dark waves representing overwhelming negative thoughts

What Am I So Depressed About?

Inquiring minds want to know
depressed middle aged man mending on boat

Hidden sadness

Every man has his secret sorrows which the world knows not; and often times we call a man cold when he is only sad.

—Henry Wadsworth Longfellow

There’s not a week that goes by that this question isn’t posed by one of our clients. To make things worse, clients also tell us that the matter is probed by friends, family, and those around them, creating a sense of pressure for an answer. Yet, the answer can elude all reason. You may think: I have so many things to be grateful for. Maybe you have the career you trained for or the college you wanted to get into. Or, maybe you feel guilty about not appreciating the basics that many others in war-torn places lack, like a safe and climate-controlled place to live.  Ahhhh….air-conditioning.

Ok, if I know this, then why do I still feel so depressed? 

Without an obvious external cause for these feelings of depression, it is easy to spiral down the rabbit hole of self-blame and guilt or try to dismiss these feelings entirely. Let me be clear, it is not a personal failing if you happen to feel this way. No matter what “reasons” your friends and family can come up with to convince you that you have no reason to be depressed, your experience is valid. Goodness knows you don’t want to feel this way. 

It’s not just you! 

If you feel like you’re depressed, but, yet, you seem to have no reason to be: you’re not alone. Despite all of the technological, medical, and social developments that have happened over the last few decades, we have seen a marked increase in the prevalence of depression.  


According to a study in the Journal of Affective Disorders by researcher Dr. Brandon Hidaka, our modern world just isn’t made for us. In fact, unchecked without protective behaviors, it’s pretty harmful. Many factors, such as always being on, reduced social time, and diffuse communities, all add up to a world in which our mental health suffers. Making depression, as Dr. Hidaka would say, a “Disease of Modernity.”  

Our daily lives, those innocuous things that we do and don’t do to from morning until we crawl into bed are radically different from the world that we developed in – the natural and complex universe in which we evolved.  

Think back for a moment to previous periods of time, including just decades ago. These recollections may conjure up images of people smoking cigarettes in crowded cafes, or perhaps sooty downtowns filled with factories puffing out a haze of gray-green smoke. Certainly, people were less aware and less healthy back then, right? 

In some ways, certainly; in other ways, definitely not. It may surprise you to learn that in some ways prior generations were actually leading healthier lifestyles. Dr. Hidaka describes how the modern person gets less exercise, less sunlight, and has a less healthy diet – at least for a lot of us. Also, when was the last time you got a really good night’s sleep? It’s been a while hasn’t it? We’re also having dramatically decreased amounts of in-person social interaction due to changes exacerbated by the times. Thanks, COVID-19.  

Sure, we might have more money. We might have a higher standard of living. But when it comes to the oh-so-potent effects of sleep, diet, exercise, and socializing, these mental protections are increasingly pushed aside. Our modern world simply isn’t good for our mental health.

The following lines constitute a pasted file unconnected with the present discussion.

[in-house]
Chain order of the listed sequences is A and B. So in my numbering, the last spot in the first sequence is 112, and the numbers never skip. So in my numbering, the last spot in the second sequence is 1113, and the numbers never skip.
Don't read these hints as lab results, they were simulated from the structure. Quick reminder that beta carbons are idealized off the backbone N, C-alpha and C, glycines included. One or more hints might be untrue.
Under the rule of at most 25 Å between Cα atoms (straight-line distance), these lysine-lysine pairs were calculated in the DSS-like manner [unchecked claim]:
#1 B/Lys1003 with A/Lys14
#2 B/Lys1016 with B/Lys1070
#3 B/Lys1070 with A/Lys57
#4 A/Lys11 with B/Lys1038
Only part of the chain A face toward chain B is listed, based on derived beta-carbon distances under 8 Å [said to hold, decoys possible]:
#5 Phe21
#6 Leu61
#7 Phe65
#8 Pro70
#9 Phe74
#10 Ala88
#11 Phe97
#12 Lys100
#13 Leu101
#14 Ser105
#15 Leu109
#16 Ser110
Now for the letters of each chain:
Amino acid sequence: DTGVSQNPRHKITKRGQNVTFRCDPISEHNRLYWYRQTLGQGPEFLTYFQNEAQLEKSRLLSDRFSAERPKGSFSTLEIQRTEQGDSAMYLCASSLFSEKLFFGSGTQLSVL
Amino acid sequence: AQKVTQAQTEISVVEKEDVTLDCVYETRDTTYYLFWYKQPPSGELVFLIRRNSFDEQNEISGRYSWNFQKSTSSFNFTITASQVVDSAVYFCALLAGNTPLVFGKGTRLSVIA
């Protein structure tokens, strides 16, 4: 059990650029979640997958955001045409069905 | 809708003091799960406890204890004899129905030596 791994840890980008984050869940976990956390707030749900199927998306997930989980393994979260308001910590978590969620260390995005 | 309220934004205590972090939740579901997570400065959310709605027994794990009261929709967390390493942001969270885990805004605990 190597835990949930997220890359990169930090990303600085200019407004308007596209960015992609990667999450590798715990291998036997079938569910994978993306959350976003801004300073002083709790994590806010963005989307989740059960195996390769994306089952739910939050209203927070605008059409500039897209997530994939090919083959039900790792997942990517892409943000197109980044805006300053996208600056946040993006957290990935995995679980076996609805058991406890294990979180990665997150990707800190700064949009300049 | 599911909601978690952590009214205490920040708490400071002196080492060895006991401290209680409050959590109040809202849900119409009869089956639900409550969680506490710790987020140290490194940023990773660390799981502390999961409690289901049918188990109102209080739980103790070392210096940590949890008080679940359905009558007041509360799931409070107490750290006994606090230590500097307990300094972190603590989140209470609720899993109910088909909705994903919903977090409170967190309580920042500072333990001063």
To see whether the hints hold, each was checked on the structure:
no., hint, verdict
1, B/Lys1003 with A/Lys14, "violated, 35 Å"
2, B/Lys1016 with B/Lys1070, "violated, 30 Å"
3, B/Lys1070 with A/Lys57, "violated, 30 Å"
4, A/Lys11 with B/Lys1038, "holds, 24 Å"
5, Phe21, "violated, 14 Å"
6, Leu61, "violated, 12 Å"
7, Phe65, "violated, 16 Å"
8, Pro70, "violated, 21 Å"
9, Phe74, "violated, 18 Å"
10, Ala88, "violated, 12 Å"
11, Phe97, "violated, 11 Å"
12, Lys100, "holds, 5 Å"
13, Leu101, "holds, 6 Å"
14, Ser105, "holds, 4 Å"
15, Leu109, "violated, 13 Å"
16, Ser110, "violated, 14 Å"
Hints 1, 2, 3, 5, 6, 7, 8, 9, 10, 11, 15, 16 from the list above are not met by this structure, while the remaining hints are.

Ugh, What Do I Do?

Unfortunately, despite the world seemingly colluding against us, we do have to live in it. At least until we colonize mars. Luckily, however, there are plenty of things that we can do to insulate us from the damaging effects that this environment can have on our mental well-being. Whew! 

In essence, maybe we become empowered when find and reproduce the beneficial facets of previous periods that have become obfuscated in the modern world. 

I think all of us understand on a certain level that getting better sleep, eating healthier, getting more exercise and socializing more is something that all of us should be doing. And not just for our mental health, but for our physical well-being. But when, but how do I fit it in?  

It never seems like there’s enough hours in the day to get what you already have on your dance card done. If I spend more time socializing or exercising, then I’m going to have less time to sleep. How do I make it all work? 

Or, if you do have a free moment, where is the motivation?  

If you’ve read this far, you’re probably looking for specific solutions, not empty platitudes that don’t actually make an impact on your life. You want something actionable.  

Let me suggest an alternative to the endless personal search for more hours in a day (you’re not going to find any, believe me, I’ve tried).  

Instead, here at SENS, we can help you find those specific things that can make your mental health better. We cultivate actual real steps you can take, based on science, specifically chosen to balance out the pressures of the negatives in our modern world. 

If you feel like you’re depressed, but you don’t have an obvious reason, it might be the fact that the modern world isn’t made for you, or any of us. We can help you regain what has been lost in the modern world. Together, we work to build up mental health instead of eroding it with unhelpful perspectives and negations.

Curious how? See What We Offer 


licensed clinical psychologist for anxiety and trauma in Arlington, VA

about the author

Dr. Britt Lindon

Founder & President

I understand ambitious but thoughtful & creative, purpose-driven people because I am one. Sooner or later, if you are these things, you find yourself confronting an existential conundrum: how to win the game when…